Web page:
If you find yourself confused by any of the above proclamations, fret not — Meat Bun is here to help! First, we’ll need to get you up to speed. To do that, let’s enjoy a sampling of Tommy Wiseau in action.
You may need to watch the above clip a dozen or so times to begin to absorb it’s artistry. Don’t worry about the context or plot. There is none. Focus more on the character Johnny’s unique enunciation and delivery. And you may ask yourself, why has everything been over-dubbed?! While we ponder that question, bask in the surreal glow of a San Fransisco skyline only achieved through gratuitous use of completely unnecessary green-screening.
Now that you are a fan, you will want to attend a screening for yourself. Luckily, The Room will be showing (in perpetuity) at a theater near you. If not, move. The last time we went we were joined by the adoring cast of It’s Always Sunny in Philadelphia, and we shit you not, Tommy Wiseau himself! Arrive early and buy your tickets in advance — all five midnight screenings sold out when we attended. The only mandatory item to bring to the theater are as many plastic spoons as you can physically stuff in to your pockets. Trust us, you’ll be glad you did.
The Room: The Game will allow you to keep your The Room: The Movie after-glow going strong. In the game you can guide protagonist/hero, Johnny, around lush 16-bit environments and fully explore his world. You will throw a football in a tux, make sweet love to Lisa, even find out what really happened to Peter (who inexplicably disappears about half way through the film).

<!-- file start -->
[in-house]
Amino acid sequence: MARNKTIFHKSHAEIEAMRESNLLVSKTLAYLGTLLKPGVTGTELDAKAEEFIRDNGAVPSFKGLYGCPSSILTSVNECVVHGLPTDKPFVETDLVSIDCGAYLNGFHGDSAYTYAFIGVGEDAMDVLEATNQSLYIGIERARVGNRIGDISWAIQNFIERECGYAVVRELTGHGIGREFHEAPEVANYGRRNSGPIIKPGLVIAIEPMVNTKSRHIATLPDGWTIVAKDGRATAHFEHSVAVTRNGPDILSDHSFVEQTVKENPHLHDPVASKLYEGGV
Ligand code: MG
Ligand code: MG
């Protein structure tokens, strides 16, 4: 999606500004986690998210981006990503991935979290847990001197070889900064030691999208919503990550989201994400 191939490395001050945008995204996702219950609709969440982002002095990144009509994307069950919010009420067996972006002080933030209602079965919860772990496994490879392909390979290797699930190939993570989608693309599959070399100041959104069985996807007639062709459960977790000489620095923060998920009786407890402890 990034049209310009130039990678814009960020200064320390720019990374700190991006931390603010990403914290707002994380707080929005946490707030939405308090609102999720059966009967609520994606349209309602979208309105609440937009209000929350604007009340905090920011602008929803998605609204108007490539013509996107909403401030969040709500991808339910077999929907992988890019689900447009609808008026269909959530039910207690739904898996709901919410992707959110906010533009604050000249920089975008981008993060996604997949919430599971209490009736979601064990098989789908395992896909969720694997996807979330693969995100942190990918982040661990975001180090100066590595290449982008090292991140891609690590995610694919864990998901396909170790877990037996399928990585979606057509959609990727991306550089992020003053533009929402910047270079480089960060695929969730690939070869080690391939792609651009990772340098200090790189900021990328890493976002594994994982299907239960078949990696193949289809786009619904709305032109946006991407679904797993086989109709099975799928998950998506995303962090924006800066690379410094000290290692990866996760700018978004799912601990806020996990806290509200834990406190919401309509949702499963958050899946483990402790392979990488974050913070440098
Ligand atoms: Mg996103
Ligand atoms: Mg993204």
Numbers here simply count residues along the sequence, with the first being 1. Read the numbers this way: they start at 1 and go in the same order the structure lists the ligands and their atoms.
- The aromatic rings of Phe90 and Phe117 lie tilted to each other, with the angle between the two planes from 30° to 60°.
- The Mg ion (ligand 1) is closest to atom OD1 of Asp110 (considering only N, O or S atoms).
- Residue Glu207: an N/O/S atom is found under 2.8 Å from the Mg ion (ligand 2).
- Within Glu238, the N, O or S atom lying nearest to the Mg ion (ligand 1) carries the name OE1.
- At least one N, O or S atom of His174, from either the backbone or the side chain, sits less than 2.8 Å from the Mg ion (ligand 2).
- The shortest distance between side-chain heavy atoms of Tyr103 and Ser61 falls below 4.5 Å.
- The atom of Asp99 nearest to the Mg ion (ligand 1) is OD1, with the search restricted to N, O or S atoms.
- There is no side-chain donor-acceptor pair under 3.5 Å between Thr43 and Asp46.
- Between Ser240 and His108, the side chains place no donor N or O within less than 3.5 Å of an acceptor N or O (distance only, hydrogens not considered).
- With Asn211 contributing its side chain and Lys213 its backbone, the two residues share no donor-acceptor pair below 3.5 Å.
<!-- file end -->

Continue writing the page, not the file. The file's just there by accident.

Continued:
Last night’s opening reception of the 3G Show — fine art inspired by Ghostbusters, Gremlins and The Goonies — was packed with lowbrow art lovers. Great pieces from German Orozco, Drake Brodahl, Craig Parrillo and Jude Buffum were the main draw, but the sidewalk outside Gallery 1988 was overflowing thanks to the DeLorean time machine parked outside right behind this thing.
Yes, the Ecto-1 showed up and in perfect working order. Seats for four Ghostbusters, working sirens, room for proton packs in the back and a copy of Tobin’s Spirit Guide on the dashboard. Awesome.
Also, this guy showed up.
If you’re going to PAX Prime this weekend in lovely Seattle, Washington, after you’ve gotten your share of blowjobs in Duke Nukem Forever, make sure to cruise by the 2 Player Productions booth. Our friends at Attract Mode have been gracious enough to haul a bunch of fresh Meat Bun stuff up to the show and will be holding down the booth all weekend.
Stop by, say “Hi!” to Adam and Matt, grab one of Cory Lewis‘ limited edition prints and score some Meat Bun gear!
Not going to PAX? If you’re in LA, don’t miss The 3G Show, opening tonight at Gallery 1988. The show will feature artwork from Autumn Society artists based on the three big Gs — Ghostbusters, Gremlins and The Goonies. That includes one of three brilliant, video game-inspired pieces by Jude Buffum, like this stellar 8-bit Gremlins scene from Dorry’s Tavern.
The 3G Show’s opening reception starts Friday, September 3rd 2010 at 7 pm at Gallery 1988. See you there!